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A recent report has indicated that the end-game could be approaching for plastic pitches in the Scottish Premiership with a vote likely to take place soon.
The SPFL top-flight is a much-maligned league, often derided in comparison to what is on offer in England, but one of its key strengths is the passion of the supporters and the atmosphere they create. Especially at away grounds, there is often a verve, a rawness and an authentic, typically Scottish presence felt by the crowds, led by Rangers and Celtic.
One thing that doesn't go in favour of Scottish football is the presence of plastic pitches in the top league. In the current 2023-24 season, these surfaces are in place at Kilmarnock and Livingston. Both clubs utilise their pitch to increase revenue, an undoubted benefit. However, beyond the home advantage that they get from training and playing on the plastic, it is difficult to think of one other good reason for their existence in what is supposed to be elite football.
In the last week, it has been mooted that the SPFL is to open up a fresh round of talks to ban plastic pitches before the end of the current campaign. Find out all the details below.
‘Grass-only' vote proposed in recent weeks
Now, whether that means plastic pitches won't be permitted for the 2024/25 season or a date further in the future will be decided upon remains to be seen.
A report claimed that a ‘grass-only' vote will be proposed to all 12 top-flight clubs in the coming weeks although Killie and Livi would be given a period of grace to arrange and facilitate the required renovation work. SPFL Championship clubs with aspirations of promotion would also have to sit up and take notice.
The good news is that Kilmarnock have indicated that they want to bring back a grass pitch to Rugby Park in time for the 2025/26 season, in line with their plans for a new training ground.
Livingston boss Davie Martindale has welcomed the prospect of a grass surface returning to the Tony Macaroni Stadium at Almondvale but made a humourous quip on the obvious financial implications.
“I'd rather have a grass park and if the authorities want to give us a couple of million then we'll have one with undersoil heating and a separate training ground,” he said.
“Realistically, it'd cost us between £2-3 million. We're paying for VAR and energy costs have increased. Overall, we're handing out £300,000-400,000 extra and our incoming revenue doesn't match that. It'll be five or 10 years before we can be where Kilmarnock are now.”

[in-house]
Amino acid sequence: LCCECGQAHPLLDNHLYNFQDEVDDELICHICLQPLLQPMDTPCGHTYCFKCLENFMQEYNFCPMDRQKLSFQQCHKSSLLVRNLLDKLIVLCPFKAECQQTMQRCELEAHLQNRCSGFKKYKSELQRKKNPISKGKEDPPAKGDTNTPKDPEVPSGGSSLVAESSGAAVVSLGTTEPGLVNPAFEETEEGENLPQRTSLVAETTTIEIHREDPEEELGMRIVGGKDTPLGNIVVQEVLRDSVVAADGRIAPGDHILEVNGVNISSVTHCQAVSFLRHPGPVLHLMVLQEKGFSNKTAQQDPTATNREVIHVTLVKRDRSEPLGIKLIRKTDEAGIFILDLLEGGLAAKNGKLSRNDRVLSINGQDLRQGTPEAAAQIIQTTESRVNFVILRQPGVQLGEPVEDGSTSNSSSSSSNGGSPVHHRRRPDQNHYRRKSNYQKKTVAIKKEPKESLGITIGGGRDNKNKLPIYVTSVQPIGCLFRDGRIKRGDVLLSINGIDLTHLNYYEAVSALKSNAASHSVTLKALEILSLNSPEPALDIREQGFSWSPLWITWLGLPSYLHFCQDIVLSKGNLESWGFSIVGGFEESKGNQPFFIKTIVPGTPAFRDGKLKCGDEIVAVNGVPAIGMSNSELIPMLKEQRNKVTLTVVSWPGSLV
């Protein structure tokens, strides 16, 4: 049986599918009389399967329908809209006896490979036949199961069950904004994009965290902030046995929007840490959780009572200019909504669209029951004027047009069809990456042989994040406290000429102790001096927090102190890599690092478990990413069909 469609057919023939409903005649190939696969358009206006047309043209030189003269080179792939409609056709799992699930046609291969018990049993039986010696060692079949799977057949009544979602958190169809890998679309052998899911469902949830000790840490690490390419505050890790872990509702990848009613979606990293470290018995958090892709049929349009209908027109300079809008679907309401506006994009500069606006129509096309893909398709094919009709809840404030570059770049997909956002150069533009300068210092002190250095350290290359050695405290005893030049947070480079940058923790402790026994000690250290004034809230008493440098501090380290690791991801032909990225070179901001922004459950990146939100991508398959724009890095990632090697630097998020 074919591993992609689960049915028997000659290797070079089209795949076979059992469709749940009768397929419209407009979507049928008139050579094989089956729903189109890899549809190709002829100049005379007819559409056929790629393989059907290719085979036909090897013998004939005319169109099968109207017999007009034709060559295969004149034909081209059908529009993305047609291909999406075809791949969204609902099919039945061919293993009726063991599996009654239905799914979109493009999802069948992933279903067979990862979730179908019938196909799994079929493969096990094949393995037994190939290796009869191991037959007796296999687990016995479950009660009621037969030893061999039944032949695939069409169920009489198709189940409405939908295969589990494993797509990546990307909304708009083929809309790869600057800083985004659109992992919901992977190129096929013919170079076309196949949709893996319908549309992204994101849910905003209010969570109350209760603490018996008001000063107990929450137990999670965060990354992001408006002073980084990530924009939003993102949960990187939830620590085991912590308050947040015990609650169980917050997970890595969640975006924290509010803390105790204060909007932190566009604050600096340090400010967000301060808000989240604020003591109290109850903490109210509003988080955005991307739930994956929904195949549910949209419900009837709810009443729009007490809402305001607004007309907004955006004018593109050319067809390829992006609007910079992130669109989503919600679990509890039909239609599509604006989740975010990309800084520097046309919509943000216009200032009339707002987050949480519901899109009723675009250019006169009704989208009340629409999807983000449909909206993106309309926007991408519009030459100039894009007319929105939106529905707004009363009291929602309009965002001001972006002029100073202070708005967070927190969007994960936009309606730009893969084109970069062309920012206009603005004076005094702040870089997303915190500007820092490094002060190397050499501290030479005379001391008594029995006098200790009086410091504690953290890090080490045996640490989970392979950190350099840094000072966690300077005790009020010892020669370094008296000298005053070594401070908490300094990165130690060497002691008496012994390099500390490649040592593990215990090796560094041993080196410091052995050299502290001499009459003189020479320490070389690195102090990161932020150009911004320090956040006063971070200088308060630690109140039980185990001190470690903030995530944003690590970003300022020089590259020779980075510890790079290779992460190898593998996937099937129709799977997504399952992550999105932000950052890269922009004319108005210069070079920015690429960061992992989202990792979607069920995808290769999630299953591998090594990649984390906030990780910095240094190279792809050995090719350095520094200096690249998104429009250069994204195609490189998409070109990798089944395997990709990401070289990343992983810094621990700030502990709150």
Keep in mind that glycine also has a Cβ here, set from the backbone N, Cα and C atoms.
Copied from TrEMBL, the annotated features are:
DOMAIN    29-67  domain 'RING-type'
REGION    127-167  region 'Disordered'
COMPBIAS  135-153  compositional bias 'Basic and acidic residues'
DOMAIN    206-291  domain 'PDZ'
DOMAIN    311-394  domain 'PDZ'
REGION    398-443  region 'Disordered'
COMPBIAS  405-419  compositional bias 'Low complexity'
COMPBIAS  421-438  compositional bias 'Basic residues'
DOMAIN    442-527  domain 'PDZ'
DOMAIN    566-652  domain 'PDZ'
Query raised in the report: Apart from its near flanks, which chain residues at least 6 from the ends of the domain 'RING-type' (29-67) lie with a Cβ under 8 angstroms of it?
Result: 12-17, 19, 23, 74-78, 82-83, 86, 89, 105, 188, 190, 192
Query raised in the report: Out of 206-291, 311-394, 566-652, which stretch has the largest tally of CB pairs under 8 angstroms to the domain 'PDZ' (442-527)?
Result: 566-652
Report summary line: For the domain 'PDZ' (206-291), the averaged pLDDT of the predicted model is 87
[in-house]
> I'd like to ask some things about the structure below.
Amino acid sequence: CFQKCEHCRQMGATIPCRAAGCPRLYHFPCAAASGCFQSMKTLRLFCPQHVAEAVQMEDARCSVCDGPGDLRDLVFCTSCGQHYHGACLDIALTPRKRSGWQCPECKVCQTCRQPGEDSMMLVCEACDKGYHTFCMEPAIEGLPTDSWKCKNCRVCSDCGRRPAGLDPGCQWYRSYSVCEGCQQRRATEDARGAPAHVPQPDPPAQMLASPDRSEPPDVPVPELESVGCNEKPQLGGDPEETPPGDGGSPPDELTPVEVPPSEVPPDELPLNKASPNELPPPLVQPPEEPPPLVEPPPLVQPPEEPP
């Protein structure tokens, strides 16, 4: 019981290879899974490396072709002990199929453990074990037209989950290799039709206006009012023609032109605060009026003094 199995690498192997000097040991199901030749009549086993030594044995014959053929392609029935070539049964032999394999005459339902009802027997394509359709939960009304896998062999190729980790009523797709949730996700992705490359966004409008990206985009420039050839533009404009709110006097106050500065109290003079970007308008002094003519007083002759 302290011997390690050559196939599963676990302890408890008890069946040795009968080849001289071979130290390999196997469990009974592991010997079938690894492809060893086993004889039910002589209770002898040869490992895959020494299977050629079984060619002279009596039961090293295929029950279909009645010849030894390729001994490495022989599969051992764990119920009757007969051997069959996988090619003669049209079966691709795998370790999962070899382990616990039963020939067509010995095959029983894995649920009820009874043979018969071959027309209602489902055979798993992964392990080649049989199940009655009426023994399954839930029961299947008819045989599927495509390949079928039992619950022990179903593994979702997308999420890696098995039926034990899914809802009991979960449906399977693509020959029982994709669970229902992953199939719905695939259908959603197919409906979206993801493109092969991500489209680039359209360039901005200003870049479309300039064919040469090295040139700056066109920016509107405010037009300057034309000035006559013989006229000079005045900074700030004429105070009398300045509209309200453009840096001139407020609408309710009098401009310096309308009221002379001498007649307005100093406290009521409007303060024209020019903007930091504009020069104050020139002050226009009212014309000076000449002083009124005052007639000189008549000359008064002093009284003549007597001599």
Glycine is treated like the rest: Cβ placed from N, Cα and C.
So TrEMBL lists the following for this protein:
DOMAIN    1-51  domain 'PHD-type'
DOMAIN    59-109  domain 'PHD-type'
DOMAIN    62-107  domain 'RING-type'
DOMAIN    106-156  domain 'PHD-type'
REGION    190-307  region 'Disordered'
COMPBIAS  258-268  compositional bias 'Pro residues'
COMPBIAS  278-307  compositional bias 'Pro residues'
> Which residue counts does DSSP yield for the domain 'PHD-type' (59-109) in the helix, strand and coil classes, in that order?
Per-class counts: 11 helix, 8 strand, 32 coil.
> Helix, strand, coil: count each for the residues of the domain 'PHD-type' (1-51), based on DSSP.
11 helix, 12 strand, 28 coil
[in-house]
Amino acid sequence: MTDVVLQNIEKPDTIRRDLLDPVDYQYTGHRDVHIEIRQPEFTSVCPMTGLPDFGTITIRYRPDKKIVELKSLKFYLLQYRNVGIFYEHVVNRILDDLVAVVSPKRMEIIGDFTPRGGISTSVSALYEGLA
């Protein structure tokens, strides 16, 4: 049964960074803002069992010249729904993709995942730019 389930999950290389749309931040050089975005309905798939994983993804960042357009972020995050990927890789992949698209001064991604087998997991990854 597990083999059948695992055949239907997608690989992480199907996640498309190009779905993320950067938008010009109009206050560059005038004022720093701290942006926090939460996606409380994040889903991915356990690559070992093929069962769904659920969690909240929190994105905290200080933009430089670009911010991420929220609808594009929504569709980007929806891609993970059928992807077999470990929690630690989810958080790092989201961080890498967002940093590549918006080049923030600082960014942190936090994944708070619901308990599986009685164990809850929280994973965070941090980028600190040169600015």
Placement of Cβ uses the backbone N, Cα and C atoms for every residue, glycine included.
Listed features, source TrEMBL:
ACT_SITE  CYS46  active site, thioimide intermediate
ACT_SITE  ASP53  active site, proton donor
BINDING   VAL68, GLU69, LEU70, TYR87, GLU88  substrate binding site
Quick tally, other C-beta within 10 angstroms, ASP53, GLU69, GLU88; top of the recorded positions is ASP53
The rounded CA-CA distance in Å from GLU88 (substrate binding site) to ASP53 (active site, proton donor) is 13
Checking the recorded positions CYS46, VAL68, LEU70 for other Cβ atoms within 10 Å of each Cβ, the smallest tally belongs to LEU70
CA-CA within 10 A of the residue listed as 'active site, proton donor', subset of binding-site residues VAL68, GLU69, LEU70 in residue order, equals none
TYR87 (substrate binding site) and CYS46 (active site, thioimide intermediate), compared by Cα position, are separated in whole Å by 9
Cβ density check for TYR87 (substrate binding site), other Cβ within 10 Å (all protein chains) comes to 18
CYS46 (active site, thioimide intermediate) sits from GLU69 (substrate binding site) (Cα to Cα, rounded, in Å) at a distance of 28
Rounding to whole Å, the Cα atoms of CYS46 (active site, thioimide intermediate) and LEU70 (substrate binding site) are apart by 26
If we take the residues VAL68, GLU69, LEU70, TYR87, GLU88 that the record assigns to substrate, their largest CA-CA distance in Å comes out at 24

“We're the only team in the Premiership that doesn't own their stadium – the only licence we own is the one from the SFA – and since returning to the Premiership in 2018 we've spent £600,000 upgrading the ground.”
On Saturday 2 December, Livingston's Premiership fixture against Ross County was postponed due to a frozen pitch. If its artificial surface is no use when temperatures plummet, where is the big benefit?
What is the problem with plastic pitches in football?
In terms of the game itself, when it's warm in the summer months, plastic pitches create a sticky surface without a true bounce of the ball. More frequent in Scotland, though, is the rain, and when the weather is wet, you get the added effect of a very fast roll of the ball and tiny rubber pellets flying everywhere.
Furthermore, the glare from these pitches provides a bad aesthetic for TV coverage. They aren't popular with the supporters or leading figures in the game.
The Scottish game struggles financially in comparison to the riches on offer in the English Premier League and even the Championship. Many SPFL top-flight clubs can't even compete with EFL League One when it comes to wages.
The league needs to do better to support its clubs, particularly those like Livingston who feel they have no other option than to retain the synthetic surface. As things stand, the West Lothian club is in a precarious position in the Premiership with a relegation battle in their midst.
For the vote to pass, 11 of the 12 top-flight clubs must vote in favour.
Plastic pitches in Scotland
Kilmarnock – Rugby Park
Livingston – Tony Macaroni Arena
Raith Rovers – Stark's Park
Aidrieonians – Excelsior Stadium
Scottish League One
Hamilton Academical – New Douglas Park
Falkirk – Falkirk Stadium
Montrose – Links Park
Alloa Athletic – Recreation Park
Annan Athletic – Galabank
Queen of the South – Palmerston
Scottish League Two
Clyde – Broadwood
Stenhousemuir – Ochilview
Forfar Athletic – Station Park
Plastic pitches in English football
What about south of the border? Do any English clubs have plastic pitches? There are none in the top four divisions because regulations forbid it. The EFL rules state that “no league matches shall be played on an artificial surface.”
However, you'll find hundreds of 3G pitches at non-league level. The following clubs have had artificial turf in recent years: Bradford Park Avenue, Bromley, Buxton, Dorking Wanderers, Eastbourne Borough, Gloucester City, Havant & Waterlooville, Maidstone United, Oxford City, Slough Town, Tonbridge Angels and Avro FC, Isle of Man, Macclesfield FC, Hyde United, Leek Town and many more.